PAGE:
There is an issue that the Justice Minister needs to look at seriously. The 50:50 practice of half probation and serving half the time in non-homicide cases is rightly regarded as the soft option, because that is what it is. Putting criminals on probation is what causes most of them to laugh as they walk away from the criminal justice system. The idea of a 50:50 process in sentencing is one of the issues that is bringing the whole criminal justice system into serious disrepute. That is an issue that needs to be addressed in a vigorous way.
It is unfortunate that we are having a debate on an issue in which there is an attempt to —
Mr Allister: — set up straw men about disparity, when the creators of the disparity are the people sitting in front of me.
Mr Carroll: I rise to speak against the motion, for a multitude of reasons that I will try to outline, but I begin by being clear that the policy and approach set out in the motion is straight out of the right-wing playbook. The motion references the fact that Boris Johnson's Tory Government are considering a similar move, but it is also the preferred approach by Hungary's Viktor Orbán, who was elected to power by pandering to a right-wing base with promises that he would introduce mandatory minimum and whole-life sentences. Bolsonaro has long advocated for harsher punishments in Brazil's penal system, and, last year, spoke of plans to introduce whole-life sentences, which are advocated in the motion. When Donald Trump, whom, I know, has fans across the Chamber, first sought election, he won support from the right for advocating mandatory minimum sentences for people who tried to cross the US-Mexico border. It is the preferred approach by those on the right who view the issue of criminality as an individual problem rather than a societal problem, and who rely on retribution rather than seeking out the root causes of crime in society. That approach has been criticised and opposed the world over because it completely overhauls the principles of proportionality and rehabilitation.
The motion references the South of Ireland as having desirable mandatory minimum sentences. I refer Members to the Irish Council for Civil Liberties who, as far back as 1996, opposed such sentences. It said:
"The ICCL has always been opposed to mandatory sentencing on the grounds that it doesn't leave sufficient discretion to take into account the individual circumstances of the offence and degrees of culpability."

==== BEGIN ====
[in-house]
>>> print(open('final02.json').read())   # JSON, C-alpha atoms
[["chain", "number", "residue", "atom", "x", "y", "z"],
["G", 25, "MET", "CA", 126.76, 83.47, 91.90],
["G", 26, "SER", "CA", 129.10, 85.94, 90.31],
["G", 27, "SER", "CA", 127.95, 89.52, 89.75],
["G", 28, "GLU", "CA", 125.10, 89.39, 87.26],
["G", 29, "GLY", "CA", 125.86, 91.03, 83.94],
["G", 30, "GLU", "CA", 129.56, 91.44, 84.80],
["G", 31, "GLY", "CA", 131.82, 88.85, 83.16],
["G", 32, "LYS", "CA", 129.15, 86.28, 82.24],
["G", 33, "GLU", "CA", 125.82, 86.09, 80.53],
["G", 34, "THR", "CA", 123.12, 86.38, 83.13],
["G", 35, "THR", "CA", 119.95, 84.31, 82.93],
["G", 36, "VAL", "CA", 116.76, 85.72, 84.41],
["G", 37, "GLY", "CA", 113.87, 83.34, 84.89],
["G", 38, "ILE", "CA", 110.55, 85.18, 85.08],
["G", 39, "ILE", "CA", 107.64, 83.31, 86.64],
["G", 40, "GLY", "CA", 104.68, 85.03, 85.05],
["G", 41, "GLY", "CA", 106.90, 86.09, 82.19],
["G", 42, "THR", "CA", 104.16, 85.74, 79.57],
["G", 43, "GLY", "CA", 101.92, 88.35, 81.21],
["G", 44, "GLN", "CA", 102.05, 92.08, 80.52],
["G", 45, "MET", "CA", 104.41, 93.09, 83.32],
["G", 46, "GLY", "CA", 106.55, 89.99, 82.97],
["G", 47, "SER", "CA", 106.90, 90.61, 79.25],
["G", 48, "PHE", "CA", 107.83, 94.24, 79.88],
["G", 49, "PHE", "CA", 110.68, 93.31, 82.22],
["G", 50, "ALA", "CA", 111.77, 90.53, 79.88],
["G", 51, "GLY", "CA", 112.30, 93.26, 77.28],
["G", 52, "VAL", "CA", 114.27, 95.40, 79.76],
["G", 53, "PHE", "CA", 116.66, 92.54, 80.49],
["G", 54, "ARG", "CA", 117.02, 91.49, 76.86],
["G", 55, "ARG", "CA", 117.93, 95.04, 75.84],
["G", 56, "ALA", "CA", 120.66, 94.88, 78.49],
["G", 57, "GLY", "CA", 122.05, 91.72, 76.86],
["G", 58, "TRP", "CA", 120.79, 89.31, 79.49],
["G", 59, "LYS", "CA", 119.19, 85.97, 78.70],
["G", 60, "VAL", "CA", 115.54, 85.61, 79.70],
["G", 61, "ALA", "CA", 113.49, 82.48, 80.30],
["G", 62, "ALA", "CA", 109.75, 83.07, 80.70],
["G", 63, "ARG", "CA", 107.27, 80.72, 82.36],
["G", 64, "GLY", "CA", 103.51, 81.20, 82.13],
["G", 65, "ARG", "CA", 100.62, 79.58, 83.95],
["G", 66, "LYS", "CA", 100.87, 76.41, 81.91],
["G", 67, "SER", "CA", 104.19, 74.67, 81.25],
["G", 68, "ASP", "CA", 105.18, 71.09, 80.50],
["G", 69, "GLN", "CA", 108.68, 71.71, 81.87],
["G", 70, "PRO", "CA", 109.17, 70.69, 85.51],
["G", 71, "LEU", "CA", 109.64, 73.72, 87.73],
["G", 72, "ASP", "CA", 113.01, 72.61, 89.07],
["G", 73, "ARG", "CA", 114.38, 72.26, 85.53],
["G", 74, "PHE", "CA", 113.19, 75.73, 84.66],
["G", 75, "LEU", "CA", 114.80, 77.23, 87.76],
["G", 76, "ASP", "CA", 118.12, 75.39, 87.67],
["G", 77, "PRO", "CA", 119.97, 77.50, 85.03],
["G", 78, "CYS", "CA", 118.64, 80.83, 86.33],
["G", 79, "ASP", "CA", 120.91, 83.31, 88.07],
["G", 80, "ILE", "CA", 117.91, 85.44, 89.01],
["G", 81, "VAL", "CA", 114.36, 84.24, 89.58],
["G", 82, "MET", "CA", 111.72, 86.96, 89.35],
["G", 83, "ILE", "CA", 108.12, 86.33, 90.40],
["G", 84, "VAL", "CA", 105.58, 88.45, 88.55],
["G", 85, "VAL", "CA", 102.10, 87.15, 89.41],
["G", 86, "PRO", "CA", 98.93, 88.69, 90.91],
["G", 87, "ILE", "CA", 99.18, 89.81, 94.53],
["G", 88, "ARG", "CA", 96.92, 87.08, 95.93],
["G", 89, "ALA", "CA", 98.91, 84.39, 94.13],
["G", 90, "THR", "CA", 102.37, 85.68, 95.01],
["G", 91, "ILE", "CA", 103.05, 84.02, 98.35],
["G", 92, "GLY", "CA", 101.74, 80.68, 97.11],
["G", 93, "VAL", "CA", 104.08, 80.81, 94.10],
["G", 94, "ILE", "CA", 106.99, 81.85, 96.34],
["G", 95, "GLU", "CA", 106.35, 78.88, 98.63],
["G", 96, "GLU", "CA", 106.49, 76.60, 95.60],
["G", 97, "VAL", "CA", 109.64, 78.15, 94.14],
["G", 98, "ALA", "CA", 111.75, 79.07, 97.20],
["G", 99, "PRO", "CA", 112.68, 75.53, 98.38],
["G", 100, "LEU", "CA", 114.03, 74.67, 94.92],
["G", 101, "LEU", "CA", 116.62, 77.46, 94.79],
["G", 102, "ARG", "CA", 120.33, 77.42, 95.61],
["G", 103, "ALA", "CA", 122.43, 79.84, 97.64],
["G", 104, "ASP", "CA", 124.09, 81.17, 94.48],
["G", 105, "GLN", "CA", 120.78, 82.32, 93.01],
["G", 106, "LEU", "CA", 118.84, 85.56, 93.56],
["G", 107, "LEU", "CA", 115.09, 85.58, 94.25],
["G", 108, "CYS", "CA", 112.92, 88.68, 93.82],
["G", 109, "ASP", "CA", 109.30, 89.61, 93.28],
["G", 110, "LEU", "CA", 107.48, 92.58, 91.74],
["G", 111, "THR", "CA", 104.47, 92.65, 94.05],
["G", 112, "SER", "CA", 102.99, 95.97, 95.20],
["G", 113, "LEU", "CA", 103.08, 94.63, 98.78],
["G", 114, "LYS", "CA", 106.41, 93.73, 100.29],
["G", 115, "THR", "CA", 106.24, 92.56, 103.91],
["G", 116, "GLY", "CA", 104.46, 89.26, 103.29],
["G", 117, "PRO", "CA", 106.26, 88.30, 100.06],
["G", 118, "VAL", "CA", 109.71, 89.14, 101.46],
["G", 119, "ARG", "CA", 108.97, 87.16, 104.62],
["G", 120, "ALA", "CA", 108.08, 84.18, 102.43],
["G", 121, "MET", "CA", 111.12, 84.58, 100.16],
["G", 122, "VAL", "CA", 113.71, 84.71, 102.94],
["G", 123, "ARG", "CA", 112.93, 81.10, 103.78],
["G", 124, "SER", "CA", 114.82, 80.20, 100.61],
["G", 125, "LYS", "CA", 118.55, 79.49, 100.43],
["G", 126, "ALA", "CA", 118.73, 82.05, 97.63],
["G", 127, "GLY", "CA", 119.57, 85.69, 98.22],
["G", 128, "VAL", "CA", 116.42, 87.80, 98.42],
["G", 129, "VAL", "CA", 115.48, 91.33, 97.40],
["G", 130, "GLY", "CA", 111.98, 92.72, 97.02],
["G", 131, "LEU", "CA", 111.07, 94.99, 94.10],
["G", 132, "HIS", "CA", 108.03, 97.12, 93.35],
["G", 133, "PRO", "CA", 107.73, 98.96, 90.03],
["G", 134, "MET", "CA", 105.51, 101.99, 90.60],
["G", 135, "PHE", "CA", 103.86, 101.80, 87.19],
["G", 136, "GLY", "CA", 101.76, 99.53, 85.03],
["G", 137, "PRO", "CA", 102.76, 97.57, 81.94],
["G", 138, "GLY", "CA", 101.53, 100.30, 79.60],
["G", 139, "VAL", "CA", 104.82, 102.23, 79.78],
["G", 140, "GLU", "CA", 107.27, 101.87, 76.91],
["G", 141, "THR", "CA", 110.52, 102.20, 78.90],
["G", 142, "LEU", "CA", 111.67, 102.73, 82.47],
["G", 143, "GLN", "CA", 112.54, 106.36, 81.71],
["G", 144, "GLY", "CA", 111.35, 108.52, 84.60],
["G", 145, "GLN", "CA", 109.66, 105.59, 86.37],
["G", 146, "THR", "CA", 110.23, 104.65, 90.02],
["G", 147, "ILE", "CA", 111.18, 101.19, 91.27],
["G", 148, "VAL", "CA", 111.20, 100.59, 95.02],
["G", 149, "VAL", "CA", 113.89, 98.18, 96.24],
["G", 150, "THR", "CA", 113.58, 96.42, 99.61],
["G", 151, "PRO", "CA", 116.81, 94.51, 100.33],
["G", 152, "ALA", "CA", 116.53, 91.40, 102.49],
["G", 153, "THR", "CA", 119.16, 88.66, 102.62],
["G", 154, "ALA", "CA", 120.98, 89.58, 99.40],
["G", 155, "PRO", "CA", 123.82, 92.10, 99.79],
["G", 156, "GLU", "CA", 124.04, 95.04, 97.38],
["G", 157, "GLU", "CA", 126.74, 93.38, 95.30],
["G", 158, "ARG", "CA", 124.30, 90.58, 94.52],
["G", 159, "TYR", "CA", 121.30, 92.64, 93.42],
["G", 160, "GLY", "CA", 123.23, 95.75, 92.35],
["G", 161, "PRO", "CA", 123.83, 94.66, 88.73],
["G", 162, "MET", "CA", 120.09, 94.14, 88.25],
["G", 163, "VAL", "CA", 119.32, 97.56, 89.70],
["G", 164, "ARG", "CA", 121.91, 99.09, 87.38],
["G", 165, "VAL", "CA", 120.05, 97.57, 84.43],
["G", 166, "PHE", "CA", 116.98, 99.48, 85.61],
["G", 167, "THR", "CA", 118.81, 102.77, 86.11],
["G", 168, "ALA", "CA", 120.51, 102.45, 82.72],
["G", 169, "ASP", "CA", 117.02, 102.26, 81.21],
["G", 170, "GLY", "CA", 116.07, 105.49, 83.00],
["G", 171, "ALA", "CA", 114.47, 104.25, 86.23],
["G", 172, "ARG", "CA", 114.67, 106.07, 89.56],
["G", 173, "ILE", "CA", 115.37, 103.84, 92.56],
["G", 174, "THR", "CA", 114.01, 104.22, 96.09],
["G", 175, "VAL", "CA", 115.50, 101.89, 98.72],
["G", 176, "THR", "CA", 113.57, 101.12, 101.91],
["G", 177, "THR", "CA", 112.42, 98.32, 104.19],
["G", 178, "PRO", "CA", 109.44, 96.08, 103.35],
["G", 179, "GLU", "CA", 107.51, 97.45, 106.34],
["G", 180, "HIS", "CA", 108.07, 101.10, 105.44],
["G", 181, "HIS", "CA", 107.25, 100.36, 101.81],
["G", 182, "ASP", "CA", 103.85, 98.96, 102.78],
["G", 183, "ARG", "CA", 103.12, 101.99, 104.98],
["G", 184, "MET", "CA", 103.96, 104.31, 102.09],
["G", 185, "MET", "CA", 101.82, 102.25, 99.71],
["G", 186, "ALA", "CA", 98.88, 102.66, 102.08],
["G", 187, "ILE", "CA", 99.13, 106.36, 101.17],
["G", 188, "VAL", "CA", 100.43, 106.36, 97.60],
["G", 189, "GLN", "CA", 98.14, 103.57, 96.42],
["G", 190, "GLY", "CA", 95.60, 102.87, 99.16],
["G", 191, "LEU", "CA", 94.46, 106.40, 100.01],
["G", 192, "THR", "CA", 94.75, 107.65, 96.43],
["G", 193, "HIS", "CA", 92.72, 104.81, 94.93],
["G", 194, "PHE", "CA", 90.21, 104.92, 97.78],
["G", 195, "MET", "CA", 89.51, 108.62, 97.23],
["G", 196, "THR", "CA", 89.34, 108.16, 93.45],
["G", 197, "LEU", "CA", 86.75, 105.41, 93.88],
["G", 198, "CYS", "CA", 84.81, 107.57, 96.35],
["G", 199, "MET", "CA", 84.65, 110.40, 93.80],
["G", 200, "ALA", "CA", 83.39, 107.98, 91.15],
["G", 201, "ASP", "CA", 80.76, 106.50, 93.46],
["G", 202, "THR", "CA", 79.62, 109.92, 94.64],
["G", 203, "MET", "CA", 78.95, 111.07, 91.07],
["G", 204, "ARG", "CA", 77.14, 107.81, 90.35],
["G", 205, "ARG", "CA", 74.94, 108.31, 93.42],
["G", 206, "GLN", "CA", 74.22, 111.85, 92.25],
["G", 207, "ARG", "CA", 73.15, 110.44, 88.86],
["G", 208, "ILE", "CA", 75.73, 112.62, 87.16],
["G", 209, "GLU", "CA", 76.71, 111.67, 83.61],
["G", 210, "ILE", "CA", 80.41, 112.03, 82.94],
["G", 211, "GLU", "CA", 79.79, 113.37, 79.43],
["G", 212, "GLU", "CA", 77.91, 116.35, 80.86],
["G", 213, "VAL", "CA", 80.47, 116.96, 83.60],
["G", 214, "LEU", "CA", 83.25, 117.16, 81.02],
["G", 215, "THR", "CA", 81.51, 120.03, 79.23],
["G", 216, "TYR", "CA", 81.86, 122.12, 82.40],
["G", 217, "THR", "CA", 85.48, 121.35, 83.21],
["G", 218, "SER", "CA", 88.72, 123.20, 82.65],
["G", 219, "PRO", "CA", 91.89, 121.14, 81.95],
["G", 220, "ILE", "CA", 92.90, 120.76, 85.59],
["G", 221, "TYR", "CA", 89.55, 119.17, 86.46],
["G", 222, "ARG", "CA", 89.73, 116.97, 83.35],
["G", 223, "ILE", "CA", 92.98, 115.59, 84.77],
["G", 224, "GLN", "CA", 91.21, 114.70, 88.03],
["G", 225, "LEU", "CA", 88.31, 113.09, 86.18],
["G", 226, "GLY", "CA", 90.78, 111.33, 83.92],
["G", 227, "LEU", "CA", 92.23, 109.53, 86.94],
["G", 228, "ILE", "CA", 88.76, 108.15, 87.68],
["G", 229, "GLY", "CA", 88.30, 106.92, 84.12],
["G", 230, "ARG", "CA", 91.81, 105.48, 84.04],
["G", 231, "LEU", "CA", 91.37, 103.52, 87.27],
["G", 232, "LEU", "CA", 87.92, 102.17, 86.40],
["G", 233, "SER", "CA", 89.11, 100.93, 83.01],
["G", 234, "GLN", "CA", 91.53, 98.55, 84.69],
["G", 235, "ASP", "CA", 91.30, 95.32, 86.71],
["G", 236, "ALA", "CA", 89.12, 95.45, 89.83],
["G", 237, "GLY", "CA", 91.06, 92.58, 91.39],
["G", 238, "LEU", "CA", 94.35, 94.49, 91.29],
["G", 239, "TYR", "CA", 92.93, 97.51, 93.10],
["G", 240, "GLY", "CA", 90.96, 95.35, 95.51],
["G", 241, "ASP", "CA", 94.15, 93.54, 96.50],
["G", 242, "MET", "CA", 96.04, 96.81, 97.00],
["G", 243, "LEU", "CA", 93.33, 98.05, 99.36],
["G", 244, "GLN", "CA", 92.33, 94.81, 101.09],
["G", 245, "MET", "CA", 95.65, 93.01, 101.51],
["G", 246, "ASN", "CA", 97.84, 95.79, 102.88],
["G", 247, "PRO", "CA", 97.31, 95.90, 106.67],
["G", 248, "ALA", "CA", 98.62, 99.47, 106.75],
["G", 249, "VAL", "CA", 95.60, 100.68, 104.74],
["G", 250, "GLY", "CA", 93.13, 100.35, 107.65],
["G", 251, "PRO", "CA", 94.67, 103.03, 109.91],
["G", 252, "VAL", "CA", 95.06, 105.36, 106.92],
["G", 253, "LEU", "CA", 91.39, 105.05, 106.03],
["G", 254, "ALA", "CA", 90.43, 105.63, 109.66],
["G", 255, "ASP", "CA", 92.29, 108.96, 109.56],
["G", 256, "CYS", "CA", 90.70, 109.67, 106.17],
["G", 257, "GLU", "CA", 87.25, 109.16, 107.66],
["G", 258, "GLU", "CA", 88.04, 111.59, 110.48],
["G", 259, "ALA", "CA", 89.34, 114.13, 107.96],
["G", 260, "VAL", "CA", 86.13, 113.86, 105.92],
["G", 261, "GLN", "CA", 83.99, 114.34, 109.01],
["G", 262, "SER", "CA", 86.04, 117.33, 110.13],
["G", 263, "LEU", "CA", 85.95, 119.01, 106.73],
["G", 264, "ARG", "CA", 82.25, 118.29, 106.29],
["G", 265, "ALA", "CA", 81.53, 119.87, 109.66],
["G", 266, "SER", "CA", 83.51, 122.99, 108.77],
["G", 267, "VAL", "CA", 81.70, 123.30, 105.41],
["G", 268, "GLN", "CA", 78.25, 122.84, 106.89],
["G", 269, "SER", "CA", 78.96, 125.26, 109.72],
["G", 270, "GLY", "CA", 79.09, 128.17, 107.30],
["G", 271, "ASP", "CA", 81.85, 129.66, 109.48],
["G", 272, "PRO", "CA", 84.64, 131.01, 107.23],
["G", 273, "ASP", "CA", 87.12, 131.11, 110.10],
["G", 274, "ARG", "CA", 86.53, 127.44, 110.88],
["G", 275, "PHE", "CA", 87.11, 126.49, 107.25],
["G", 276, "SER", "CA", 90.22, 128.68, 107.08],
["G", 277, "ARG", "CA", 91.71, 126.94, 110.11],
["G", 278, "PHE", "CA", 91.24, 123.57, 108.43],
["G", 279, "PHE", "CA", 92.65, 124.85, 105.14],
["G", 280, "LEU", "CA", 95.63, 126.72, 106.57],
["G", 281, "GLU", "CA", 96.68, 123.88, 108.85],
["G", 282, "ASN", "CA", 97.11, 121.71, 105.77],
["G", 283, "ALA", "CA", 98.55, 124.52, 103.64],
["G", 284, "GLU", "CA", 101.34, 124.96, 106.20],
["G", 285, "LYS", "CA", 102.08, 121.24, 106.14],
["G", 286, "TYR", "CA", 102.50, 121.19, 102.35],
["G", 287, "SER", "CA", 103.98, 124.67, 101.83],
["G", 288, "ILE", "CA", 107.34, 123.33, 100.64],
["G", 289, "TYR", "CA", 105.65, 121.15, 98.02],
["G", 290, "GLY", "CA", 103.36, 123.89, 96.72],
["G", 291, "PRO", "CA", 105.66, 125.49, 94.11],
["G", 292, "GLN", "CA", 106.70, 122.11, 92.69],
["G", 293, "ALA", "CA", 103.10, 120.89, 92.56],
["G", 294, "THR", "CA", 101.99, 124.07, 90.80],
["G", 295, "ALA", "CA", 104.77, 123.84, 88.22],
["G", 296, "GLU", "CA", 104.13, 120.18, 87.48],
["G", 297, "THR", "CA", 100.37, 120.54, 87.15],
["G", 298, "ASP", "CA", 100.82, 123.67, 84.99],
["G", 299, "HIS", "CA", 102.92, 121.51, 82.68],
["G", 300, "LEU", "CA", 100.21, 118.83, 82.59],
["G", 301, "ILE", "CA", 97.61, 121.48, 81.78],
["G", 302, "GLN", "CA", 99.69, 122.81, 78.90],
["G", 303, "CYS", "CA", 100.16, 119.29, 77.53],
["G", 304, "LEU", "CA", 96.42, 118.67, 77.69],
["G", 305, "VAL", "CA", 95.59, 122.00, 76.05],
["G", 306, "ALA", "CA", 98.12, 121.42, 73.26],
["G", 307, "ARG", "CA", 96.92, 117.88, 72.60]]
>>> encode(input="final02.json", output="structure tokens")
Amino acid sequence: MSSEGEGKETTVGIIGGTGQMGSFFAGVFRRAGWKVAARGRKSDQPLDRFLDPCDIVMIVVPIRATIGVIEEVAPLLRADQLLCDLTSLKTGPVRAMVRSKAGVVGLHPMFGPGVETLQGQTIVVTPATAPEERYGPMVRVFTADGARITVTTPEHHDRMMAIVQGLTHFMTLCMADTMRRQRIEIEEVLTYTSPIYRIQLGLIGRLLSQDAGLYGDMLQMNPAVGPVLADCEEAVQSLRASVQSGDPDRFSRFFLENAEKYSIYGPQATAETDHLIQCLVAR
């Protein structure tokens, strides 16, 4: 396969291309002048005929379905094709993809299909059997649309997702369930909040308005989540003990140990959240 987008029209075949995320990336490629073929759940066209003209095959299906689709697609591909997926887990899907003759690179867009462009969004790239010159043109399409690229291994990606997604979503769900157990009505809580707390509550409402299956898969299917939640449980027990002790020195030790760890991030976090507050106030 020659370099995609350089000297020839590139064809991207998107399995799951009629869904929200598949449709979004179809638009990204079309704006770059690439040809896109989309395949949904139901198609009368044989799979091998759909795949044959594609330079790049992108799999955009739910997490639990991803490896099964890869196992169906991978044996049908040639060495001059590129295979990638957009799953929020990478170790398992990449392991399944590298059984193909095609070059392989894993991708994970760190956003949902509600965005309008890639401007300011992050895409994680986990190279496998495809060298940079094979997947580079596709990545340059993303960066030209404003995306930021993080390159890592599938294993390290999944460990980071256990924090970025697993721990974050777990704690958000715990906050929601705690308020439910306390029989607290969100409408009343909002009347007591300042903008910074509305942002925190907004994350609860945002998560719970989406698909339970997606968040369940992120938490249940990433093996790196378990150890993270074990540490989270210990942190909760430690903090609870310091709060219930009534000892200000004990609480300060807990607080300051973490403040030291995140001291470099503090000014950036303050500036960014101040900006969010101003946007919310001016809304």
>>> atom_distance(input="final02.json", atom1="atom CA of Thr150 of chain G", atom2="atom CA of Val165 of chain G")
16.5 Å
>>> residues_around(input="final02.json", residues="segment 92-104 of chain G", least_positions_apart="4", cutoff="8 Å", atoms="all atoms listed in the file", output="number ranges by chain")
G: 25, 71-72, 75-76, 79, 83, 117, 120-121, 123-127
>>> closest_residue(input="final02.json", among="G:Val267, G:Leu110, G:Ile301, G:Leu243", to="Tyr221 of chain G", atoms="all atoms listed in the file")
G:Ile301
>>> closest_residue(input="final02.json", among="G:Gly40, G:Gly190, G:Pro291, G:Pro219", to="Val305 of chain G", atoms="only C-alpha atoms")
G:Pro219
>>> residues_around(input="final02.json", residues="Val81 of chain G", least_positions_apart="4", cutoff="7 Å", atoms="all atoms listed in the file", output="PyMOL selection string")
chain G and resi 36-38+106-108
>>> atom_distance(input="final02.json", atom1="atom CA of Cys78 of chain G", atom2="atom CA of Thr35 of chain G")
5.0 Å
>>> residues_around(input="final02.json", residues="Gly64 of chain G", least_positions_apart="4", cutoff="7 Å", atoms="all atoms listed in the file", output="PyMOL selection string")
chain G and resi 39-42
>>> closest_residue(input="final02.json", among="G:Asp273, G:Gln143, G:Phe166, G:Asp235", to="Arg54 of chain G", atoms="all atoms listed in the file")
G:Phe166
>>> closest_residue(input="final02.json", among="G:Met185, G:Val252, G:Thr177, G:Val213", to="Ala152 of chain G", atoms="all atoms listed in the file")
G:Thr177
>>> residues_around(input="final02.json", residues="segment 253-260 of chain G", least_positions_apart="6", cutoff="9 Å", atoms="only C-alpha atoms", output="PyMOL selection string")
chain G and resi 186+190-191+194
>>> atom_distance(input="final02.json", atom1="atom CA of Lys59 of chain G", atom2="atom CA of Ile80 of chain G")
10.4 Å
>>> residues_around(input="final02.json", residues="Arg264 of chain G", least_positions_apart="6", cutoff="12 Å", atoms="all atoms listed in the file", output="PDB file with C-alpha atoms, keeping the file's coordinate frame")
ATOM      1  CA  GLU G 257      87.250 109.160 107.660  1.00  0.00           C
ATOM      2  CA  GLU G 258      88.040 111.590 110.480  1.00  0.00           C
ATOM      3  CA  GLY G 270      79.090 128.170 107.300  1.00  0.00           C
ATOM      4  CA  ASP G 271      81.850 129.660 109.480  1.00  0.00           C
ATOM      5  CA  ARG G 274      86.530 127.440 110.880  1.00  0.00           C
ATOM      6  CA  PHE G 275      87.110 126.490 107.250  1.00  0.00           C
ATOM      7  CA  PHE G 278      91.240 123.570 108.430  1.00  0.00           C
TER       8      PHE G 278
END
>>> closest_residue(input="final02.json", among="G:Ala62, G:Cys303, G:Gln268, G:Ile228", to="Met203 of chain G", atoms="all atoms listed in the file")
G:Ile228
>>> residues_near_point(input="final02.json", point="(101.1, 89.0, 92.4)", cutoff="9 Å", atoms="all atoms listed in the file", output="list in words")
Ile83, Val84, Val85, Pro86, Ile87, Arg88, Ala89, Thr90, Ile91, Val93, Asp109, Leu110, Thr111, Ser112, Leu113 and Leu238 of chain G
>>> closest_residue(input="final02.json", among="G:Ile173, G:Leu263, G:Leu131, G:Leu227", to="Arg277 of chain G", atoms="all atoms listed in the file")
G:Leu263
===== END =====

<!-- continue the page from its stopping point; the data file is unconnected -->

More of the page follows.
The concept of proportionality has been recognised by the European Court of Human Rights as constituting an essential part of human dignity, and grossly disproportionate sentences can be found to breach article 3 of the European Convention on Human Rights.
The detrimental impact of mandatory minimum sentences on first-time offenders is also well-documented and can be clearly linked to instances of reoffending. Most relevant of all, there is little evidence that tougher sentences deter potential offenders from committing the specified serious offences. It is also worth acknowledging that this approach would row back on a series of reforms that sought to remove political interference in the courts and lessen the long-term detriment faced by those serving mandatory minimum sentences.
This is not a proposal that seeks to end reoffending or change behaviour in order to protect those emergency workers whom it references. The evidence shows that the approach proposed in the motion does not work. The motion is simply an attempt to pander to those who view offenders as simply incapable of change.
I want to speak to the hypocrisy that I see with the approach often taken in the motion. There is already massive disparity and treatment in the punishment meted out by state forces and those who are not state forces. That is summed up well by the tragic murder of Mark Duggan at the hands of British police in Tottenham in 2011. Unsurprisingly, Mark's murder has been on many minds since the murder of George Floyd by US police, and many other innocent black people have been tragically killed. Not only were the media and wider public misled by the police, who lied and claimed that Mr Duggan had opened fire on them, but even after that was deemed false, the murder of Mark Duggan was judged to be lawful. No mandatory minimum sentences, no consideration of a whole-life sentence. Those who took aim and took the life of Mark Duggan were, effectively, given a free pass.